Monday, April 8, 2019

PAD Day 8: On Golden Years and Hackers

Today's dual prompts from Poetic Asides and NaPoWriMo: (1) Write a "lucky numbers" poem, and (2) write a poem that uses work jargon. So here is my result:

Social Security

Where I worked, we gave out money -
money that people earned, that is,
over the years from payroll deductions,
to set them up for retirement.
We had our own jargon, of course:
PIA meant Primary Insurance Amount,
the basic full retirement rate.
Sometimes we also used that acronym
to describe a difficult client -
you can probably figure out what it stood for.
But all in all, we cared about people,
and generally, they liked us too,
because we helped launch their golden years.
Some of them felt like their nine digits
were lucky numbers, like they hit the lottery.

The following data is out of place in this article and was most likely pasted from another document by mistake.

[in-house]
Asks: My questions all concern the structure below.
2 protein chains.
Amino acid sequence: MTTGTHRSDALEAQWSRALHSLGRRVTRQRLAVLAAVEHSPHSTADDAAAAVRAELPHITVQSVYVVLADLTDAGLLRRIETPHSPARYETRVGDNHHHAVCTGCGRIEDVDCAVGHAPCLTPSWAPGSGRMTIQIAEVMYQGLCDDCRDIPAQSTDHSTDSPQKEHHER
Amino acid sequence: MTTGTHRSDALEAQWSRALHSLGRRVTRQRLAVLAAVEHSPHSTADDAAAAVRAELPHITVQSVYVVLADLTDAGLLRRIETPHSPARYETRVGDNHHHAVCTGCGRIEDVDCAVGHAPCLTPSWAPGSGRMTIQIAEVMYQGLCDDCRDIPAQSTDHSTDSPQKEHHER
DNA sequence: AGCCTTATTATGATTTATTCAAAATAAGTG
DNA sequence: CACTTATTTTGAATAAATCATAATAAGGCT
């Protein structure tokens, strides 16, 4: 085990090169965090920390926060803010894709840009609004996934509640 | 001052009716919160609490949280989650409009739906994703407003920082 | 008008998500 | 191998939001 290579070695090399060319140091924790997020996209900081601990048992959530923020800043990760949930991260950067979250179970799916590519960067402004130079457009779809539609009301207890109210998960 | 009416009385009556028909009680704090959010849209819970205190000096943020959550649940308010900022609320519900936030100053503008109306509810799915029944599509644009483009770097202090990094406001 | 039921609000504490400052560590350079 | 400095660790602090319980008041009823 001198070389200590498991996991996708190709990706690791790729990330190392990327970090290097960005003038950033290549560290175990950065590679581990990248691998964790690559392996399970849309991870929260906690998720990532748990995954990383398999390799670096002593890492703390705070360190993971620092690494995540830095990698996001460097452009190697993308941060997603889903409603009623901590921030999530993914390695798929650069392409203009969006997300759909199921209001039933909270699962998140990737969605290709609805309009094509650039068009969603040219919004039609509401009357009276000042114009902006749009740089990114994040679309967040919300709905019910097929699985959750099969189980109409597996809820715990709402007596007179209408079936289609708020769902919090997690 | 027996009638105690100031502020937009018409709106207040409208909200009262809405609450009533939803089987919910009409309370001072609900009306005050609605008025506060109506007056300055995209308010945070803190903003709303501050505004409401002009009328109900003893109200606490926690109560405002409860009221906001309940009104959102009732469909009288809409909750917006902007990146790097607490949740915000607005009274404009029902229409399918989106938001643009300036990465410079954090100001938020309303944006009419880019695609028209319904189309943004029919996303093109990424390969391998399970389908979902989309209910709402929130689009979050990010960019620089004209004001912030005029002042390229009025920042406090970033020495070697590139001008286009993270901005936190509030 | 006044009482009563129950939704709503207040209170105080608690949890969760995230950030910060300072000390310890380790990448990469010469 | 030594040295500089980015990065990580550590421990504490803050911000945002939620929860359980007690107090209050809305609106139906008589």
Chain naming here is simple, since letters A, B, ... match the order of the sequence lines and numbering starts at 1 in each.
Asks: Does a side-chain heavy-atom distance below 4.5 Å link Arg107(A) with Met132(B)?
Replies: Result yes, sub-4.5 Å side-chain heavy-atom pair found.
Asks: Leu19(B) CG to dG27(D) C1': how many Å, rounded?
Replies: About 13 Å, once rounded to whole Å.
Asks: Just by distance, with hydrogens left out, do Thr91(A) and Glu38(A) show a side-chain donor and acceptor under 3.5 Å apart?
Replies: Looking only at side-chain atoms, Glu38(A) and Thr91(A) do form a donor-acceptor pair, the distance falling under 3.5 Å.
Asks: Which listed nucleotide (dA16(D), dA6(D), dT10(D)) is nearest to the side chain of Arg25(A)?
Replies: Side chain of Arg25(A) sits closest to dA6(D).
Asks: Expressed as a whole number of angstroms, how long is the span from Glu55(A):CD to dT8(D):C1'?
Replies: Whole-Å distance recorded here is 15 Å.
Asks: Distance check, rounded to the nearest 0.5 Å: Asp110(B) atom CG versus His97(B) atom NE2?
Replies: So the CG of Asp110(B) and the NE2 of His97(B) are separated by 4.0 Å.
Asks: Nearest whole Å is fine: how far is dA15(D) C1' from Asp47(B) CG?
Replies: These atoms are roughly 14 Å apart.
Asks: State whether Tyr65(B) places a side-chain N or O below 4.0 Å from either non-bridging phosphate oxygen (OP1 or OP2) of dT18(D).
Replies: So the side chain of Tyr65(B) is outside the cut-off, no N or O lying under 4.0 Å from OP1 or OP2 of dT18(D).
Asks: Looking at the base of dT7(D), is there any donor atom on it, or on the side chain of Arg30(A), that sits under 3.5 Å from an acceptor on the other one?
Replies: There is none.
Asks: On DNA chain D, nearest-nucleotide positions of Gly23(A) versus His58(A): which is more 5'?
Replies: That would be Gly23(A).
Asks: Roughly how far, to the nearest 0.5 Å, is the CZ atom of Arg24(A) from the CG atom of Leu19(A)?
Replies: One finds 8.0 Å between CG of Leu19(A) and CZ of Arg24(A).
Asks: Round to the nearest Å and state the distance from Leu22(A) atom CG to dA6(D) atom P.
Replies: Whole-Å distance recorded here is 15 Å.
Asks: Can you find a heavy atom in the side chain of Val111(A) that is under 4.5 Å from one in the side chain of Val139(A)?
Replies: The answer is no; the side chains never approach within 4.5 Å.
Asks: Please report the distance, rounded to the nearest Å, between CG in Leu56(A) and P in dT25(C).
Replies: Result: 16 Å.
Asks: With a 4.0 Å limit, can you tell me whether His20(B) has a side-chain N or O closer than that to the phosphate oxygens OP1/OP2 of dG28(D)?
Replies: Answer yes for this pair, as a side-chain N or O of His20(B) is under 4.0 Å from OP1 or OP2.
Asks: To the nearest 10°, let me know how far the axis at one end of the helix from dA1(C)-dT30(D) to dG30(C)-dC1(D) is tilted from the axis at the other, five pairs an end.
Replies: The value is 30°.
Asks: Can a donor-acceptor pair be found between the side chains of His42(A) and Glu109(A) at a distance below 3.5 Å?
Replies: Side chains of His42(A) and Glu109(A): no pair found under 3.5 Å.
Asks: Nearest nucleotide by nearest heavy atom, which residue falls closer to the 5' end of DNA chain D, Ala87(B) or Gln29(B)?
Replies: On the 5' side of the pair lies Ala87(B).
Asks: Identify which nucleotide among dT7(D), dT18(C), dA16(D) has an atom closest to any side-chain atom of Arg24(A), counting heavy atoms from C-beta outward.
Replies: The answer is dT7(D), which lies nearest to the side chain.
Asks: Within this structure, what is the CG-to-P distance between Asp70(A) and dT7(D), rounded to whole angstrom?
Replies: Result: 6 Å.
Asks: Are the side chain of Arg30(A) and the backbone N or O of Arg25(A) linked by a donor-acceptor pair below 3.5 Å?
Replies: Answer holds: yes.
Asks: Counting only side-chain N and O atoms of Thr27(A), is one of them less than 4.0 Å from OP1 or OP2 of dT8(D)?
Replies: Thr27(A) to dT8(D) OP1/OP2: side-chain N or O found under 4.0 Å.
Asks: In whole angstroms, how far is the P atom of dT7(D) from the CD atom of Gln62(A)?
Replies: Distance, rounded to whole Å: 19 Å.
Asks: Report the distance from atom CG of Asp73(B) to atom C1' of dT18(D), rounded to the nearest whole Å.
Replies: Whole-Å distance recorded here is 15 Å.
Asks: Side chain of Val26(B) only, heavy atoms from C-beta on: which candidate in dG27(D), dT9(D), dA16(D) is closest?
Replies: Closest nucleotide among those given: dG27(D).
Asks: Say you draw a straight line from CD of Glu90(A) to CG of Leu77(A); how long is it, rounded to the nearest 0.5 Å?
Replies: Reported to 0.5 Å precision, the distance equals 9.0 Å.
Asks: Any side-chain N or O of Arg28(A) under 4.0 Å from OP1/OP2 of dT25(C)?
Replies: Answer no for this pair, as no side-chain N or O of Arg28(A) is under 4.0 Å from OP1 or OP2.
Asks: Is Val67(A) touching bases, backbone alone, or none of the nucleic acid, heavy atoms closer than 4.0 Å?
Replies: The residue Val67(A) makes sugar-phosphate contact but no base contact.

But some were disappointed, too.
It was my job for thirty-eight years,
giving them the benefits they deserved,
and now I'm golden like them.
I haven't hit the lottery, so I still play it weekly,
watch my grandchildren,
and try my best not to be a PIA.

I wrote a poem before that one, just in response to the Poetic Asides prompt, and on a more dire note, in a haiku/senryu form:

The Lottery

My lucky numbers?
Well, I've got a lot of them -
they're nine digits long

and you all got them
from Social Security -
have a real nice day.

[P.S.: This poem is in the voice of a hacker - it in no way is meant to imply that I ever stole people's social security numbers when I did my job. I just noticed the inference when the two poems are linked. Rest assured I was an honest civil servant!]

1 comment:

Vince Gotera said...

Great! I never thought about using my nine digits.